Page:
Townsend’s Pocahontas emerges – as a young child on the banks of the Chesapeake, an influential noblewoman visiting a struggling Jamestown, an English gentlewoman in London – for the first time in three dimensions; allowing us to see and sympathize with her people as never before.
Love and Hate in Jamestown by David A. Price
A gripping narrative of one of the great survival stories of American history: the opening of the first permanent English settlement in the New World. Drawing on period letters and chronicles, and on the papers of the Virginia Company – which financed the settlement of Jamestown – David Price tells a tale of cowardice and courage, stupidity and brilliance, tragedy and costly triumph. He takes us into the day-to-day existence of the English men and women whose charge was to find gold and a route to the Orient, and who found, instead, hardship and wretched misery. Death, in fact, became the settlers’ most faithful companion, and their infighting was ceaseless.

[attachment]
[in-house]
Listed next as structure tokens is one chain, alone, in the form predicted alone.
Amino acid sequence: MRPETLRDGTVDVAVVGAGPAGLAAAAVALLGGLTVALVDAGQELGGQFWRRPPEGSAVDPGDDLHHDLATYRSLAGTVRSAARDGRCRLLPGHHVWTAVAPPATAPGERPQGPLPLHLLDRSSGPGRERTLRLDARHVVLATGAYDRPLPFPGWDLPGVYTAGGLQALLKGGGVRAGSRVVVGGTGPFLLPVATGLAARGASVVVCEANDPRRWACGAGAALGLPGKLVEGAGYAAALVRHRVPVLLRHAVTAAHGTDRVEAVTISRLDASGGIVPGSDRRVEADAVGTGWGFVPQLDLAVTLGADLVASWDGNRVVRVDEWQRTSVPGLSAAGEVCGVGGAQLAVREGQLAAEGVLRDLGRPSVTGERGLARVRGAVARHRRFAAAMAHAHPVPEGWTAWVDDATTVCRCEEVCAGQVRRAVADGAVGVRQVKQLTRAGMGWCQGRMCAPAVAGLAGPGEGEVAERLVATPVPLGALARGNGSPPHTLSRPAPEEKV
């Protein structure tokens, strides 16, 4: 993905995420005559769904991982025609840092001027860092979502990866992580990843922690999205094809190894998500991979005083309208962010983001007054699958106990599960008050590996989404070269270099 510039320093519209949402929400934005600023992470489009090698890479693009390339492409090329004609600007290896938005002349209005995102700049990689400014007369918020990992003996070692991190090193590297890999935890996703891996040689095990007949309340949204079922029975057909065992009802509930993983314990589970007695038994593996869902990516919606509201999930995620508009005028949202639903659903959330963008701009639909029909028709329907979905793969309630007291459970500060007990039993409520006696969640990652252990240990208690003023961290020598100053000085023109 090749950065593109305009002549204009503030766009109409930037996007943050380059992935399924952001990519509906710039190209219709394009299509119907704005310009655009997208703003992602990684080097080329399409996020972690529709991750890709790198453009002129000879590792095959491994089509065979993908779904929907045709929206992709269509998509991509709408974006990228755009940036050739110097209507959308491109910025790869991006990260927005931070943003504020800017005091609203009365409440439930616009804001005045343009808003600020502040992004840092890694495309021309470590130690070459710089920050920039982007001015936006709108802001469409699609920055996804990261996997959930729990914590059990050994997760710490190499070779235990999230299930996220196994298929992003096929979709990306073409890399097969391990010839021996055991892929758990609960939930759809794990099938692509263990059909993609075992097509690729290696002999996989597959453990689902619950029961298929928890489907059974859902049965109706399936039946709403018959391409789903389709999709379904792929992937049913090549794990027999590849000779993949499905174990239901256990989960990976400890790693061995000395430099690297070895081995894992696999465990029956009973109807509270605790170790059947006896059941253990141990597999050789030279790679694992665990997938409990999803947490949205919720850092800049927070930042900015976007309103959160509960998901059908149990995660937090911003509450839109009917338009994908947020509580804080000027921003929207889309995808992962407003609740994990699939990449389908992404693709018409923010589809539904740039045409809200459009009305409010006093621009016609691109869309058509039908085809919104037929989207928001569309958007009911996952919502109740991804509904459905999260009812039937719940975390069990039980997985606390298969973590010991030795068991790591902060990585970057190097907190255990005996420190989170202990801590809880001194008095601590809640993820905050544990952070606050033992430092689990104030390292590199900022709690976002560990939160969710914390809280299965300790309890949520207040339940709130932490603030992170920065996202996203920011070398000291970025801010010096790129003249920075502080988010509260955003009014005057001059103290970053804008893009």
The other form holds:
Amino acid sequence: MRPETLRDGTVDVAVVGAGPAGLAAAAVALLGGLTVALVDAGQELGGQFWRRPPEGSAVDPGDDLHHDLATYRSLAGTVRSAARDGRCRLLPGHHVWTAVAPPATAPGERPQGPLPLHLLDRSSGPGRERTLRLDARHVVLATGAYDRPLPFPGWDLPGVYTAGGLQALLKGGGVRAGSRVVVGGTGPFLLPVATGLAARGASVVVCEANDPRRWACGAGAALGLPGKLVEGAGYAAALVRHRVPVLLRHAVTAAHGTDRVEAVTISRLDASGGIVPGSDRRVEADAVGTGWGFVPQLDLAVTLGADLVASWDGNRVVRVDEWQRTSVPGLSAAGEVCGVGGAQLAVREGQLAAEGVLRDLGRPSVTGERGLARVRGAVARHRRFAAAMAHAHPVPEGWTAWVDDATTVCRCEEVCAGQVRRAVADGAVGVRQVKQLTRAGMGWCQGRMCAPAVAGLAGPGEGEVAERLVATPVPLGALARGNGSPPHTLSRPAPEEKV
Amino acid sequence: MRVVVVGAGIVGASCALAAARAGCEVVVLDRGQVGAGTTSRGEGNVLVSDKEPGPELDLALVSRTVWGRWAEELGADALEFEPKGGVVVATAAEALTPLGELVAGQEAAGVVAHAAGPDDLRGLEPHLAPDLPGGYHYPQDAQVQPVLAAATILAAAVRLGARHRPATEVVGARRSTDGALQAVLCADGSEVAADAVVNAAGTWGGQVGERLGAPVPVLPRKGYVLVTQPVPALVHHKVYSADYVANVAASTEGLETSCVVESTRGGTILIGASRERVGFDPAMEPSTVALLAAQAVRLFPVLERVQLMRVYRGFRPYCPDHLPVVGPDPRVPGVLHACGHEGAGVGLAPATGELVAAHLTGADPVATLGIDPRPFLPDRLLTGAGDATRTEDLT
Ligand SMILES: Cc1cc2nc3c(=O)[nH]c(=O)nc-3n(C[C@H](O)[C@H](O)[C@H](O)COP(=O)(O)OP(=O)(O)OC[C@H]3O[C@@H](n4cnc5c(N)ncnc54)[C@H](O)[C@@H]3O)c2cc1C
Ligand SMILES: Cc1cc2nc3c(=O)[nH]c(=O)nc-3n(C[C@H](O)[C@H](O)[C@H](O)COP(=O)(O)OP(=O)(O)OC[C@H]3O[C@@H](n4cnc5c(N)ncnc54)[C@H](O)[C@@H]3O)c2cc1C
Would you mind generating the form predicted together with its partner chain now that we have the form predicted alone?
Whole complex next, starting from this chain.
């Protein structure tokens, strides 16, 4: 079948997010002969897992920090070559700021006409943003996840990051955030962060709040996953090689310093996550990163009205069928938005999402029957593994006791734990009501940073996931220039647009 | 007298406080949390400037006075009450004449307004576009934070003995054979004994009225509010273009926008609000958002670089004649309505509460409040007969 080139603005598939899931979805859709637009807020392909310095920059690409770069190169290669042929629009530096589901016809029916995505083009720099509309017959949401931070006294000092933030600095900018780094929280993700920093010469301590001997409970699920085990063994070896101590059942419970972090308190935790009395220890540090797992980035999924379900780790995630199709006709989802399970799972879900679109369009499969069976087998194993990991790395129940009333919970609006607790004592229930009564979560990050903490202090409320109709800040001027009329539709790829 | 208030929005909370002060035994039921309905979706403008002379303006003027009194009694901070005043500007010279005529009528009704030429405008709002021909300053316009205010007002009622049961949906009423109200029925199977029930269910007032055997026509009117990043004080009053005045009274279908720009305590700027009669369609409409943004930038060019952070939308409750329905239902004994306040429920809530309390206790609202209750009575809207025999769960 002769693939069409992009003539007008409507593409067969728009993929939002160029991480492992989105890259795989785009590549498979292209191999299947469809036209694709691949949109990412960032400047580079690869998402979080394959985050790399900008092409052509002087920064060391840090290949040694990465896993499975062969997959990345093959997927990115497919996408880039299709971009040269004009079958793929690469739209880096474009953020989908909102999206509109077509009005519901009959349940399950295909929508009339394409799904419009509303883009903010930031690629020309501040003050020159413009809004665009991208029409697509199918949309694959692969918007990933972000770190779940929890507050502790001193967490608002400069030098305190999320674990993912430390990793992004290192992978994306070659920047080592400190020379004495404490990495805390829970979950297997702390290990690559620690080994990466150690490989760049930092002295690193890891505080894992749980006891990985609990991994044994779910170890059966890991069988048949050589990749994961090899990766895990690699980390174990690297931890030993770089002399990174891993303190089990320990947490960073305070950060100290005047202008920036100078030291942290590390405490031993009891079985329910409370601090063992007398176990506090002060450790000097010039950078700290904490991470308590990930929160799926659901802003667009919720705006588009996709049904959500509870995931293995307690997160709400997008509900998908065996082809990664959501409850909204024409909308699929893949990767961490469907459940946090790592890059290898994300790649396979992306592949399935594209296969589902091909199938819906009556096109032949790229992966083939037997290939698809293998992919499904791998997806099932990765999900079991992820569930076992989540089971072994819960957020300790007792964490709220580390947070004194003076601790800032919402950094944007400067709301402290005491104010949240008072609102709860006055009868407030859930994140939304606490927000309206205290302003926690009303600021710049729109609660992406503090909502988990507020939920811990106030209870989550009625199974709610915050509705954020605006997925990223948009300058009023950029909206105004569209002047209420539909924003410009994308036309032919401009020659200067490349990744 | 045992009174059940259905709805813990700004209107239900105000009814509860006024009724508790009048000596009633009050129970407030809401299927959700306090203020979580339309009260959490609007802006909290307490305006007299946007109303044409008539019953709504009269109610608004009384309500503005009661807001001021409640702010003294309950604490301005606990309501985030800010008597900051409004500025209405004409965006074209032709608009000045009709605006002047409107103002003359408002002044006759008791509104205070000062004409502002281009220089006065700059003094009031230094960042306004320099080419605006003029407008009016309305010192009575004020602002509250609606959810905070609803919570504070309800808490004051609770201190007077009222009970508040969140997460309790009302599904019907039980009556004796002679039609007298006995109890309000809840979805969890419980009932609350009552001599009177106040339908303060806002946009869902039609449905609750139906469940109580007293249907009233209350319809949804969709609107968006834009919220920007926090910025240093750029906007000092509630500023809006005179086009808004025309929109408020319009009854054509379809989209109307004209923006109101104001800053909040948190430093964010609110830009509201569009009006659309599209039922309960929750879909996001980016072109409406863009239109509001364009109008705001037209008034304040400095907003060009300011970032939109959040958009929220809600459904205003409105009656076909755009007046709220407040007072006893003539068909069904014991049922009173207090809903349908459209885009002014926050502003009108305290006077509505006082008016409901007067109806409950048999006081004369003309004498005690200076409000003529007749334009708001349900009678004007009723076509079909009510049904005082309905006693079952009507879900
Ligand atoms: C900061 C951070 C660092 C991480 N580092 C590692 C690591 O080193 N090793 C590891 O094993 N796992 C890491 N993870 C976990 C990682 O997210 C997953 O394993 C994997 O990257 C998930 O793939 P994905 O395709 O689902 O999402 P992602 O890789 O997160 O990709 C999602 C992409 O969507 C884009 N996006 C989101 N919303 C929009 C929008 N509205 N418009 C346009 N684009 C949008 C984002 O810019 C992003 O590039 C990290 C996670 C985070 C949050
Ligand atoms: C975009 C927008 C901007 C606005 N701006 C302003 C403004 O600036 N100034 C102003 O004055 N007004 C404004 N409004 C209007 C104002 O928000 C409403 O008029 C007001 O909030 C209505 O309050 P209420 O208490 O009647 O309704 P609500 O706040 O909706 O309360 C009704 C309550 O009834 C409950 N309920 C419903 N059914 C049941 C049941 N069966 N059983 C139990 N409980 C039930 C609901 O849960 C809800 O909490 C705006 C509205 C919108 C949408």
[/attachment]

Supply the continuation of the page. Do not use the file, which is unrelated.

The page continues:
Price offers a rare balanced view of the relationship between the settlers and the natives. He unravels the crucial role of Pocahontas, a young woman whose reality has been obscured by centuries of legend and misinformation (and, more recently, animation). He paints indelible portraits of Chief Powhatan, the aged monarch who came close to ending the colony’s existence, and Captain John Smith, the former mercenary and slave, whose disdain for class distinctions infuriated many around him – even as his resourcefulness made him essential to the colony’s success.